The one curious exception we found, was sneakers. For some reason, Ottawa is the most expensive city, of those we looked at, to buy a new pair of Nike or Adidas trainers. However, even with this anomaly, we’re still a long way for tipping the affordability balance. This discrepancy may be the exception that proves the rule.
While the household items we buy every day are essential markers of a city’s affordability, they are not usually as important as housing costs when deciding on a place to call home.
It’s here where the affordability gap is the most palpable. Whether you’re looking to buy a home or rent an apartment, you’re going to be pleasantly surprised in Ottawa. A fact that is especially true when you compare the median income to the average home prices.
Beginning with buying a home, we looked at the average housing prices for March 2019 using data from Teranet-National Bank House Price Index, released in the Globe and Mail. (https://www.theglobeandmail.com/real-estate/article-canadas-house-price-data-centre/)
A noteworthy idea to keep in mind is that these numbers are the average and can represent a considerable swing on either side. However, they still paint a vivid picture of the housing markets in those cities.
While Ottawa is not the lowest figure on the list with an average home price of $356,205 when compared to Montreal’s $348,140 it’s worth considering that the median income in Ottawa is still $27,000 higher than Quebec’s largest city. The same is true for the median income in Vancouver and Toronto; only the average house price is 2.5 and two times higher respectively in those cities. Calgary comes a little closer with income-to-housing costs, but if you’re looking for an active city centre that comes alive in the evenings and on the weekends, Ottawa may be more your vibe.
The scenario of renting in these same cities paints a very similar picture. The affordability rankings change only modestly as shown by the apartment-search website Pad Mapper’s April 2019 Canadian Rent Report which found that as expected Toronto and Vancouver are the priciest places to rent an apartment. Toronto has now passed Vancouver for average rental cost, possibly owing to “Empty Homes” tax levied by the City government in Vancouver. As expected, we see Ottawa and Montreal not too far apart, but in this case, Calgary ends up being the most affordable. However, it’s worth keeping in mind that these prices reflect rents in the city centre. With Calgary having a more spread out population and less emphasis on city centre living this may account for the unusually low rental price.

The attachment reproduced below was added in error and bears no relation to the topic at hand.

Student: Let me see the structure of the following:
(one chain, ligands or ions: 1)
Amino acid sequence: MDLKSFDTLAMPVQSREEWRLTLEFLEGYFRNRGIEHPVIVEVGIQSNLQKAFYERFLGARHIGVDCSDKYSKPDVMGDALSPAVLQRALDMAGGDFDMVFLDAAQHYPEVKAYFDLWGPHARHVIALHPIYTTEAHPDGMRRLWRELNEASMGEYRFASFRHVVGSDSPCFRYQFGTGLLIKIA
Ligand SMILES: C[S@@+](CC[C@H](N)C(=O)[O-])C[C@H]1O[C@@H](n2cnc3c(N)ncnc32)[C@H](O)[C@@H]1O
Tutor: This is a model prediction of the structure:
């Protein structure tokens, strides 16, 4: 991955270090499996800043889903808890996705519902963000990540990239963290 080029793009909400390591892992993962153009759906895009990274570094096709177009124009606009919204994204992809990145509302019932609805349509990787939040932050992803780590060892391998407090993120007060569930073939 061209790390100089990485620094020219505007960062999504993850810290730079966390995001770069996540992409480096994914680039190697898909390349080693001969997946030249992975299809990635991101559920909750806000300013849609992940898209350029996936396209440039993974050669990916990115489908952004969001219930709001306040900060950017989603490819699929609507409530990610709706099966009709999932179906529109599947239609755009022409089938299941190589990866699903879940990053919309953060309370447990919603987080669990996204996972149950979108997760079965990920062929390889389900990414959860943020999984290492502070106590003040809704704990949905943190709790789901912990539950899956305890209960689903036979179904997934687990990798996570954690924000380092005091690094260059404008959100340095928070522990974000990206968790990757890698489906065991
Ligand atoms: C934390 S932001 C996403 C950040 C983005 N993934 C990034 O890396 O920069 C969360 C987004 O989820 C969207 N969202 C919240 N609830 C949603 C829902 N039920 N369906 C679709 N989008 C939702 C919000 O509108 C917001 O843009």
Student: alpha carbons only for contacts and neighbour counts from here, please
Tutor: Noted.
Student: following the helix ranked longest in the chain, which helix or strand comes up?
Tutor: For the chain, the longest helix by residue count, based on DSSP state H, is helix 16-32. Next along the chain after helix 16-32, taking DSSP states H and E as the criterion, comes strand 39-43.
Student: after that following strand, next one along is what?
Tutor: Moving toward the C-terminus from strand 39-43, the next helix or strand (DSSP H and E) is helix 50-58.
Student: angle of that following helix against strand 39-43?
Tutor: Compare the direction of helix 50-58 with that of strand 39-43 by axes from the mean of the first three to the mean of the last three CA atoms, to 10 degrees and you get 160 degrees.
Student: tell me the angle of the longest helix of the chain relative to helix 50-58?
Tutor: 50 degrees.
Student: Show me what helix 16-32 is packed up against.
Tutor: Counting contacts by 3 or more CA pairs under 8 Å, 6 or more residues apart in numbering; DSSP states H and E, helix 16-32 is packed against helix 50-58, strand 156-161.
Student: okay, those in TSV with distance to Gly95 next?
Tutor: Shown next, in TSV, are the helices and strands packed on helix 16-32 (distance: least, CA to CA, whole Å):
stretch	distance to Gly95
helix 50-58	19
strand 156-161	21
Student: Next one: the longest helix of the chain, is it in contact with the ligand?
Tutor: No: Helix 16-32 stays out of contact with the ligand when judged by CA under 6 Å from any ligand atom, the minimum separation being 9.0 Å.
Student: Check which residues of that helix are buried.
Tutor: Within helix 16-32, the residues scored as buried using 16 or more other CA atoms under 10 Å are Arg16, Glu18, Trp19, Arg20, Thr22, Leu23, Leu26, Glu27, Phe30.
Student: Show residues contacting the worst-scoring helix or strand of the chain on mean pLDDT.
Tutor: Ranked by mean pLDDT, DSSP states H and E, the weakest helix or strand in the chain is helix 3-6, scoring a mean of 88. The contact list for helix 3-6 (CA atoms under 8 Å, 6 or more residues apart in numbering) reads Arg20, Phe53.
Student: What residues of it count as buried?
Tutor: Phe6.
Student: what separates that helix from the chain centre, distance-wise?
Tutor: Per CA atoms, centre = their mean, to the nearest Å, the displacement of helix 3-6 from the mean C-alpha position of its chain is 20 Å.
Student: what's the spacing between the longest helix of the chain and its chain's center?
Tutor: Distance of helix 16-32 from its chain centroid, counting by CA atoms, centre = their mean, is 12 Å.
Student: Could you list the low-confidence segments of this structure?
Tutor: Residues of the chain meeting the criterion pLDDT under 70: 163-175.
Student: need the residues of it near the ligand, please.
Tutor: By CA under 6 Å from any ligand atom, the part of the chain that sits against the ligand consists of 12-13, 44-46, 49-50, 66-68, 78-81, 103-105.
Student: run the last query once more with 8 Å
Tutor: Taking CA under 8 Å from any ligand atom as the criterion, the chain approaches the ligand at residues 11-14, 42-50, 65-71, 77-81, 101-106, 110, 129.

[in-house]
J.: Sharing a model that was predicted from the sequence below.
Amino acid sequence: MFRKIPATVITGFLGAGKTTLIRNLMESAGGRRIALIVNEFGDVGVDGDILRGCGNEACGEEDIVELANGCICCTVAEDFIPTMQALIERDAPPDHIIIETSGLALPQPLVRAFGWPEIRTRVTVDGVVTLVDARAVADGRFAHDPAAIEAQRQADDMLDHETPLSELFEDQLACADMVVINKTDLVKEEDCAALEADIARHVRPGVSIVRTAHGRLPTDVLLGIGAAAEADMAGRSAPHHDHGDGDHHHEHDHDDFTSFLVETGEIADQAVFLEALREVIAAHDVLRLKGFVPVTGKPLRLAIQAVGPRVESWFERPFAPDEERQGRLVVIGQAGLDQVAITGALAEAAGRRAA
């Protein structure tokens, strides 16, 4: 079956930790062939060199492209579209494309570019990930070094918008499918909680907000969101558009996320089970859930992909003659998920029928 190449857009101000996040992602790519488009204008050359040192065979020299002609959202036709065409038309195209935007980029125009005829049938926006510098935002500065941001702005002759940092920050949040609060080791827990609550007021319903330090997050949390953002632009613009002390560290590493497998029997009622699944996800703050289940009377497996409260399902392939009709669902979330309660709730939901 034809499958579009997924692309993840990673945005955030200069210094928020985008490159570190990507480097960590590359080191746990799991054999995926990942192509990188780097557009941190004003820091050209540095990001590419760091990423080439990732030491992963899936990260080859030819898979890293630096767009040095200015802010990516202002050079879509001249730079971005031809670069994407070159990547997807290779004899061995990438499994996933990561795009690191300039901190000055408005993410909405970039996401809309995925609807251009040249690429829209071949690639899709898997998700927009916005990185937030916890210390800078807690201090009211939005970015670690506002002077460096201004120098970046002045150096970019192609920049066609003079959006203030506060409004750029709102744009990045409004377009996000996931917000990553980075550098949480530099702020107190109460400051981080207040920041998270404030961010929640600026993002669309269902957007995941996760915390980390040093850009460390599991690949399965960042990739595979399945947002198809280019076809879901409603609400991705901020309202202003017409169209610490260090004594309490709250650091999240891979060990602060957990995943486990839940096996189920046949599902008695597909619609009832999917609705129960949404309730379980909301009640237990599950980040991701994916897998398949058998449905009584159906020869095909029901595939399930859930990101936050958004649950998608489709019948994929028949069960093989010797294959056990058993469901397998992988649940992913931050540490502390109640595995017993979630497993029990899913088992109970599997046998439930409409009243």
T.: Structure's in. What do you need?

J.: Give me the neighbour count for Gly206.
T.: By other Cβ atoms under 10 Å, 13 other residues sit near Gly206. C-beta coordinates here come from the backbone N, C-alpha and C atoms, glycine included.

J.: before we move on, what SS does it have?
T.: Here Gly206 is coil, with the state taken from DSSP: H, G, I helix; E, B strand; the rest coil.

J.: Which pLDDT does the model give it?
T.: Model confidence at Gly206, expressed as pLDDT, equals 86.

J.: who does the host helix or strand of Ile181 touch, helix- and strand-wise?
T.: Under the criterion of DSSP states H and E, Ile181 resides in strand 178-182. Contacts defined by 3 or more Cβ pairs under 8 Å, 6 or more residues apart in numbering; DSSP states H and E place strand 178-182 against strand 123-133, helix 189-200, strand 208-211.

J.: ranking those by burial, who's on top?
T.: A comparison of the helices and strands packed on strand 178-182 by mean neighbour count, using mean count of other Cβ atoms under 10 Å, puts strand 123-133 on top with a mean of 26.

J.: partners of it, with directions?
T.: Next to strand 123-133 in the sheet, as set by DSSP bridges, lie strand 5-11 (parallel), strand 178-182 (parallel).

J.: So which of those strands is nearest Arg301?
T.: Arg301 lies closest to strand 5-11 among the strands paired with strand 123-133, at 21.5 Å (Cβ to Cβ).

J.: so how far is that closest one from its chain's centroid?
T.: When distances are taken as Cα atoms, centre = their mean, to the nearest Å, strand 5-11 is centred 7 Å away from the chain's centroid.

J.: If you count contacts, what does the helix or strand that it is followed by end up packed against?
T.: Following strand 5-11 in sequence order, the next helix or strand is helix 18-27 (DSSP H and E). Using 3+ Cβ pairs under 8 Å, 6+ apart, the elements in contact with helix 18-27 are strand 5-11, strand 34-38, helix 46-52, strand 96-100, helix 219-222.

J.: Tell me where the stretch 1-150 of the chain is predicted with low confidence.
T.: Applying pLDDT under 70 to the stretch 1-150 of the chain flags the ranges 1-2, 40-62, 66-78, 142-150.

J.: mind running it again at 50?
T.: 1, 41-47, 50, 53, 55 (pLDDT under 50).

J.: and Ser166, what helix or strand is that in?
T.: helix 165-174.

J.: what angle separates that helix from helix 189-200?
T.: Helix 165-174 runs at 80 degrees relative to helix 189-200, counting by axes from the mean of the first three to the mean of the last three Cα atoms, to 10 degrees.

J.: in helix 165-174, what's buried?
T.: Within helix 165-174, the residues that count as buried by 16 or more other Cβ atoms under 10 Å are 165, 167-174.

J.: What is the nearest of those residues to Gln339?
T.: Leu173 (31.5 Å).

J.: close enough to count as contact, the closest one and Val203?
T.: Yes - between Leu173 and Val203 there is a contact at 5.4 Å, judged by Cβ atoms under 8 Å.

Lastly, on our affordability ranking, we’re looking at fuel prices. Over the last number of years, we’ve seen the cost of gasoline soar, and this affects everything from public transportation, to commuter costs, to the expense of taking the family away on a road trip. Much as our society is making steps towards renewable options, including the Federal Government’s recent announcement of a $5,000 electric car subsidy, the price of gas is at present, still playing a crucial part of any affordability ranking.
When it comes to fuel pricing, it seems that Ottawa is doing well in comparison to the other major Canadian cities. Slightly below both Toronto and Calgary, Ottawa comes in a full .28¢ cheaper per litre than Vancouver.
When we look through the cost of living across Canada and consider the economic realities, it’s no surprise that people are looking at this city as a good option. With salaries outpacing the other major cities, home prices remaining affordable, and everyday expenses remaining lower than average it’s plain to see why Ottawa is on top of the affordability ranking. Moreover, with festivals, cultural events, and a rapidly expanding dining options, you won’t feel you sacrificed your lifestyle for affordability.